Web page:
This ignores a truth that is perhaps the largest misnomer in America; undocumented immigrants currently work in jobs all across the country and contribute significantly to our economy with their tax dollars. Despite not being documented as residents, some obtain taxpayer identification numbers allowing their employers to process payroll taxes for them. This allows the US Government to profit from their work without giving them any sort of benefits in return. By keeping them “undocumented,” the government enables employers to exploit people with poor working conditions and wages. Biden’s reform would challenge this and would give these contributing members of society the legal status they deserve. The bill would also enable them to have the same protections the rest of the US workforce has and would boost the number of qualified workers for employers to choose from. Everyone benefits from having a path to citizenship for 11 million people.

Frustratingly, the first draft of a bill rarely ends up resembling the final product and assuredly, Biden’s bill certainly not pass as currently written. While straightforward and mutually beneficial, there is controversy surrounding any support of immigrants, even despite polls showing the majority of Americans support pathways to citizenship for the undocumented immigrants currently living here. Hopefully meaningful elements of the bill will survive and get passed by Congress. There has never been a better or more dire time for immigration reform.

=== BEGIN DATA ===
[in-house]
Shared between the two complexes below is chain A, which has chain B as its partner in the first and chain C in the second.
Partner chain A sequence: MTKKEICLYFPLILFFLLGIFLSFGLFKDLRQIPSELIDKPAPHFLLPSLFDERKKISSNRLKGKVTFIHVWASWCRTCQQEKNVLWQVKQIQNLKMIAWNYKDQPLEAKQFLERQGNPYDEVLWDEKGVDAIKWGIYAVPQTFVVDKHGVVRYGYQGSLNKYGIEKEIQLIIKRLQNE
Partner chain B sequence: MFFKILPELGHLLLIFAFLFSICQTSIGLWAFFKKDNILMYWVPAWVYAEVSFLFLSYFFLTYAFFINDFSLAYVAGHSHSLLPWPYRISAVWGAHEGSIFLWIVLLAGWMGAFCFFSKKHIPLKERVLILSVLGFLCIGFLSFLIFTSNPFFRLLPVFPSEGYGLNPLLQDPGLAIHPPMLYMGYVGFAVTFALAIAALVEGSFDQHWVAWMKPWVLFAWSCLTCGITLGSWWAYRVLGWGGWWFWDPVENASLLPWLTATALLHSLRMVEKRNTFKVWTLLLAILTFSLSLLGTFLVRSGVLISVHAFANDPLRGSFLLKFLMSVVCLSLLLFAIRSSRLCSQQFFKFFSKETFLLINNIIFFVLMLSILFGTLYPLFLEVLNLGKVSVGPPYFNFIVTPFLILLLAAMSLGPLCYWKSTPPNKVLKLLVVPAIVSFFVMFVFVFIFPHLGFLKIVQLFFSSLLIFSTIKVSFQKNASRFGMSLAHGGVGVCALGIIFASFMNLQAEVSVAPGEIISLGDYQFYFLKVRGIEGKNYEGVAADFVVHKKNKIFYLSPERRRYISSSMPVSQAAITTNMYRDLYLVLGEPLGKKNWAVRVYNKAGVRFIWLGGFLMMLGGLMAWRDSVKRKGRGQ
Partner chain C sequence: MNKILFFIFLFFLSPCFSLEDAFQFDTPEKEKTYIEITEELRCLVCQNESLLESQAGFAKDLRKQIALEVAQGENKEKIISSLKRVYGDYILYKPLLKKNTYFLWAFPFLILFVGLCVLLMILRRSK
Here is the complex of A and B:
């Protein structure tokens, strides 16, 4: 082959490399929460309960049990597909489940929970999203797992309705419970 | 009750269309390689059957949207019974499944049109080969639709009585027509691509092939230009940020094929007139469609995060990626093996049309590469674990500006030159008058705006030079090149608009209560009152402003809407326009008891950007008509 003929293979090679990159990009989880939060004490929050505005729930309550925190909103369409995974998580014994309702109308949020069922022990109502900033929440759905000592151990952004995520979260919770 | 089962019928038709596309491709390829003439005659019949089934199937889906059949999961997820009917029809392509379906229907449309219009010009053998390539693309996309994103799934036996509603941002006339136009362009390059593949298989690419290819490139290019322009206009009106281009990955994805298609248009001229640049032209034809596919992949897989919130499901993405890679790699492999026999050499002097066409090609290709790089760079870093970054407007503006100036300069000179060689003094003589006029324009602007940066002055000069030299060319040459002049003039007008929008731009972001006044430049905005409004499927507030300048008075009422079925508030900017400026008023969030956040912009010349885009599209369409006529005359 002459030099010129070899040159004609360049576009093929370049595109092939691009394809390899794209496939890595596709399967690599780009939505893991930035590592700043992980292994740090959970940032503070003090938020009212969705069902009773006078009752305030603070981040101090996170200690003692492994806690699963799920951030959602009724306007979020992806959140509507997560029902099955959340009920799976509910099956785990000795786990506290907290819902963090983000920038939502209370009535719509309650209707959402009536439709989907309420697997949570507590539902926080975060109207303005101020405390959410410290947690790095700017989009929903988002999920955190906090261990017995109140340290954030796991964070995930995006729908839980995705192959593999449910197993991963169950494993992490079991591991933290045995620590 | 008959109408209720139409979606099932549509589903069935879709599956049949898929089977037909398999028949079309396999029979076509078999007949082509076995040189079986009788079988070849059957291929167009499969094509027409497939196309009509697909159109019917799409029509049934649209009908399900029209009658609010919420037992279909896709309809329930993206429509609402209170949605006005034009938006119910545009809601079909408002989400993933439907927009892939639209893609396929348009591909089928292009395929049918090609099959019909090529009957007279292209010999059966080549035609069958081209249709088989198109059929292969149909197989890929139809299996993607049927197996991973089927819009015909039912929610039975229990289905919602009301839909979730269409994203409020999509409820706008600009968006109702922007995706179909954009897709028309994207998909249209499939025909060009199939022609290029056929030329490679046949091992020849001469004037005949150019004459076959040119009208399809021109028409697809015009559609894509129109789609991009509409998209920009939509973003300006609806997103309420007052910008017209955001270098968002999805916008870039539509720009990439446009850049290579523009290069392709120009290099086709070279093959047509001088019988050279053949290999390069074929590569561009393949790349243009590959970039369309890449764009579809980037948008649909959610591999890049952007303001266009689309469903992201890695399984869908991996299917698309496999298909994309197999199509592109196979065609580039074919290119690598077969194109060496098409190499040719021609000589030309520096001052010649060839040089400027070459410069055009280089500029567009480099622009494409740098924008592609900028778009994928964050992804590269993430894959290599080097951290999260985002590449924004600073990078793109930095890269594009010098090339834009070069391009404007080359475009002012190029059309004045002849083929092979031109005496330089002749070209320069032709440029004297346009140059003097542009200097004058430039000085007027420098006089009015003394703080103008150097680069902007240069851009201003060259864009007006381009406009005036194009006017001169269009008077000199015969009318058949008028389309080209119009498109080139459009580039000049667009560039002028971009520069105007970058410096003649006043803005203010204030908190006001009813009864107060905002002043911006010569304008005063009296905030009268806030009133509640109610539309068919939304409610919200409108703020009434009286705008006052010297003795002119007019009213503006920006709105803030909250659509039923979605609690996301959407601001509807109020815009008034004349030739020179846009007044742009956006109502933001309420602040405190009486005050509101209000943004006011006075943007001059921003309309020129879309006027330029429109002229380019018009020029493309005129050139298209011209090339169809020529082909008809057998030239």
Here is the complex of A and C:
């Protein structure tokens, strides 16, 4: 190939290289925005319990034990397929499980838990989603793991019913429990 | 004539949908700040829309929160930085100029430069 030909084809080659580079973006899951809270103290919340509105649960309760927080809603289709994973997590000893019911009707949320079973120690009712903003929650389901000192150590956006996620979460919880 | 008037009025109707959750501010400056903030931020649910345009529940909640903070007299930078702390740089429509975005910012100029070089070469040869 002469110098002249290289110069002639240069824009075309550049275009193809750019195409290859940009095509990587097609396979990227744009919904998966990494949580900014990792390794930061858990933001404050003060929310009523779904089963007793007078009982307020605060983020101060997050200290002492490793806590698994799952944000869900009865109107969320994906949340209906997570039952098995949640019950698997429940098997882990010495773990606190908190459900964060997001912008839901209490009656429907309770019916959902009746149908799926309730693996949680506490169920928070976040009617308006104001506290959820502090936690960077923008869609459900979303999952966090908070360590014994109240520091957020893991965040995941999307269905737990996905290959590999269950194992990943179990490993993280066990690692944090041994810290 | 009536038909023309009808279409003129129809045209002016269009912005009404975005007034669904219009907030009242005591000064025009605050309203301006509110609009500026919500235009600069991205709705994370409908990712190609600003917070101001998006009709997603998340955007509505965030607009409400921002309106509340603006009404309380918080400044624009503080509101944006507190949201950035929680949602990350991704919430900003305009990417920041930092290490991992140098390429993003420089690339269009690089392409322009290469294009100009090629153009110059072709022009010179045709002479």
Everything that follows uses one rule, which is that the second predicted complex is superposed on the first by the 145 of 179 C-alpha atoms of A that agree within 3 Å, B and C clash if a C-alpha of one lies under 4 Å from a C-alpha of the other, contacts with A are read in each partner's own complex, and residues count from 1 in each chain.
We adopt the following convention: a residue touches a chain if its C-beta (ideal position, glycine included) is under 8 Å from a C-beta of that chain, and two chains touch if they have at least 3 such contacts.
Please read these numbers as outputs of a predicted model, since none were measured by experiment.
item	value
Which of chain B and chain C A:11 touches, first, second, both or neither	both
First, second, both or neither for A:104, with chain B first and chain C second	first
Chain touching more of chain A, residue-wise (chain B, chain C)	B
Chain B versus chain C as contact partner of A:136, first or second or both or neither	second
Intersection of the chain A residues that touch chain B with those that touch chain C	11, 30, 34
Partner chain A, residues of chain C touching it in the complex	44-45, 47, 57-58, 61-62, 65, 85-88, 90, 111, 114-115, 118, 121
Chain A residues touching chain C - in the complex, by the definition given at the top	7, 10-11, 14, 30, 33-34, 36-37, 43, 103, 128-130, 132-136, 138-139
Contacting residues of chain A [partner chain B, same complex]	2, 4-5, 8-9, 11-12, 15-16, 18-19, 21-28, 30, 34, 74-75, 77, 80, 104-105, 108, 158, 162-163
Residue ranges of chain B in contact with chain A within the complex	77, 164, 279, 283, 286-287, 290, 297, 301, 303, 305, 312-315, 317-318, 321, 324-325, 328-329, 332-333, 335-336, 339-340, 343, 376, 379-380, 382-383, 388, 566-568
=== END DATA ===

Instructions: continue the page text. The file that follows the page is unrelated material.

The Trump administration made restricting immigration one of its main goals over their four years in the White House. Now, the job falls to President Biden to undo the harm that was caused by restrictive policies. Fortunately, with Democrats taking a majority in both the House of Representatives and the Senate, there is reason to feel hopeful. President Biden will have sympathetic audience in Congress which will aid him in enacting positive immigration reform. Mr. Biden has warned that the type of change they want to enact will take time to become a reality. This is due to both the overwhelming number of policies enacted over the past four years as well as logistical challenges of managing the chaos those policies will leave behind. It is no doubt a priority for the incoming administration to create positive and lasting change for immigration. While immigration reform is a challenging task by itself, the Coronavirus pandemic makes it far more difficult. Therefore, the timeline for these changes will likely be longer than many hope for. Still, over the next four years, we could realistically see many policies put in place to improve the quality of life for Immigrants in the United States.